“I hope there’s pie for breakfast, Neighbor Stone.”
-The Devil and Daniel Webster
Pies have never been a small part of Braham’s social scene. They are social currency in the town of 1,800, where a gathering of any size has traditionally called for pie. To make an exemplary pie is a badge of honor in Braham.
After her retirement, Braham native Phyllis Londgren found time to put her hometown on the map for its achievements in pie, and so posed this question to Governor Rudy Perpich in 1989: “Why not make Braham the Homemade Pie Capital of Minnesota?” Perpich, in one of his more judicious moves as governor, made Braham exactly that.
In honor of that distinction, the town of Braham now holds Pie Day on the first Friday of every August. For it they close down Main Street, line it up and down with tents, and celebrate the finest dessert ever created. Preparing for Pie Day is no small feat. It takes 200 volunteers, four days, a quarter ton of flour, 200 pounds of lard, and 30 gallons of rhubarb to make the pies to satisfy the crowd that descends upon Braham on Pie Day.
You can eat 33 kinds of pie at Pie Day. (Fruit, rather than custard, is Braham’s preferred filling, as custard reacts poorly to the outdoors in summertime.) Buying slices of pie for experimentation, and entire pies as an investment in the future, is one of the greatest summer excursions you can embark upon, and doing it in a merry little place like Braham only makes it sweeter.
You needn’t only eat pie to celebrate it at Pie Day. You can also listen to songs about it. The Pie Alluia Chorus performs their repertoire of pie-themed chorales every year, including locally composed classics such as “If I Only Had Some Pie,” “When I Eat Pie,” and “Fruit Filling.” “We think famous English composer George Frideric Handel would be pleased as pie,” claims Joni Nelson, the chorus director.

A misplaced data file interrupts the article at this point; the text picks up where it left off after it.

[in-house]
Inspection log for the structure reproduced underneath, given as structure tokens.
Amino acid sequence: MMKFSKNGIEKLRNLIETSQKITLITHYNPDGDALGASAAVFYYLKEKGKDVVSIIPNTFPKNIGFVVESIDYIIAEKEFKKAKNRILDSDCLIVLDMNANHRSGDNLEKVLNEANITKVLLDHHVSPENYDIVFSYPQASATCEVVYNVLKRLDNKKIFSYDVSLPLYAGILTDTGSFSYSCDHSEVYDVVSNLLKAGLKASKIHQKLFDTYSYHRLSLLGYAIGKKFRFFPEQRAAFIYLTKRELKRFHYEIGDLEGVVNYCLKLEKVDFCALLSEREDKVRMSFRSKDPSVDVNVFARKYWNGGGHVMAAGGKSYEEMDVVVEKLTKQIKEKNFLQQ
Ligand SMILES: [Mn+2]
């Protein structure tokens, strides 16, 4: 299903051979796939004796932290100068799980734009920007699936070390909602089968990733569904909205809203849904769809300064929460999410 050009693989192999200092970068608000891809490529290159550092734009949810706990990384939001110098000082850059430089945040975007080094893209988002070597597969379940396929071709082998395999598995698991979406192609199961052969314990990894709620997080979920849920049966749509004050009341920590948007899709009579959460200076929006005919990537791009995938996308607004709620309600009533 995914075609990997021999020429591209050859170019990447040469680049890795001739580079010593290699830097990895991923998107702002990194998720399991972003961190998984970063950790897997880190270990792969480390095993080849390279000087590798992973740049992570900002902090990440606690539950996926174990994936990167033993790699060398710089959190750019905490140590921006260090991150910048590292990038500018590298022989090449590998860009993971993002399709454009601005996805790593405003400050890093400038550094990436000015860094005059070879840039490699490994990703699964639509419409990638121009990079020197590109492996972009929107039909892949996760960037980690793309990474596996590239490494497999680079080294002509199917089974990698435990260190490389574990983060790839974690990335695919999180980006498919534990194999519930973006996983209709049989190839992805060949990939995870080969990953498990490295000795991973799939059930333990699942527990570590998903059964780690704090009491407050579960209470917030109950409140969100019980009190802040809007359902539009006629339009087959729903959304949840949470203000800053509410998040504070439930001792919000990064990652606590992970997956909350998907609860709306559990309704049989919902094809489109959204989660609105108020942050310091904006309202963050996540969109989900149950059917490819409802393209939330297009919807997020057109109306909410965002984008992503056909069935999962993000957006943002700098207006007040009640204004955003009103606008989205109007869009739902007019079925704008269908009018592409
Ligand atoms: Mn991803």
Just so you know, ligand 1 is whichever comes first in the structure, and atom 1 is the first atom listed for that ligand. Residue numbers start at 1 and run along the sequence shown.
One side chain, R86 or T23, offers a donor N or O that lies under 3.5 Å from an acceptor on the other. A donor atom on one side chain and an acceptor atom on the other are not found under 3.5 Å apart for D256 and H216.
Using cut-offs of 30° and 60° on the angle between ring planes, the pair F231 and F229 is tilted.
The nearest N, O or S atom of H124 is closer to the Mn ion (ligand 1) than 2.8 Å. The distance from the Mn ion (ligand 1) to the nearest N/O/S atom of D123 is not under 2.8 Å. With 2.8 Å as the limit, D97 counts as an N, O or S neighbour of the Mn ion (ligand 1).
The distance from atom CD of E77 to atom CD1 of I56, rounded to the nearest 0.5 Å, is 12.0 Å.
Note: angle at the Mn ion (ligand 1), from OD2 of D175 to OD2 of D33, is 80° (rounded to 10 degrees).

Pie Day features the greatest contest of athleticism that can involve pie: the pie eating contest. There contestants will vie to engulf an entire chocolate pudding and Cool Whip pie first. “We used to use blueberry,” said Tish Carlson, Pie Day committee member, “but we stopped after someone got a blueberry stuck up their nose.” Kids and adults each have their own matches, as do specially selected members of the Braham community. Those ambassadors are licensed to challenge neighboring communities’ personages to the pie eating contest, thus making Braham an important diplomatic hub in Isanti and Kanabec counties.
The Braham Area Committee for Kids officiates the pie baking contest. Nearly 50 pies are entered into the tournament, with awards for best baked single crust, double crust, and fresh fruit and/or cream, but only one grand champion. Whether anyone can dethrone Judy Olson after her lauded bourbon brown butter pecan pie last year has the whole town fraught with anticipation. The less ephemeral pies are auctioned off after judgement, and can fetch as much as $600! The winner in that case was probably more concerned with philanthropy than dessert, as all money raised at the pie auction goes toward providing sports fields for Braham’s children.
Pie is Pie Day’s focus, but there is far more to enjoy at the party. There you can see the small quilt show, another fierce contest with last year’s viewer’s choice award given to Dolly Brown. The town that finds itself with so many leftover pie tins has found a way to make the best of the situation with their recycled pie tin art contest. Freedom Park is filled by 100 local craft vendors, and The North Country Hillbillys present the Sweet as Pie Car Show, at which more than 100 local enthusiasts show off their classic vehicles.
And the day goes, and the band plays on, and everyone eats pie. If you would like to celebrate Pie Day this year, then mark Friday, August 6th on your calendar in anticipation of your trip to Braham. You can learn more about the festivities at pieday.com.
By David Scheller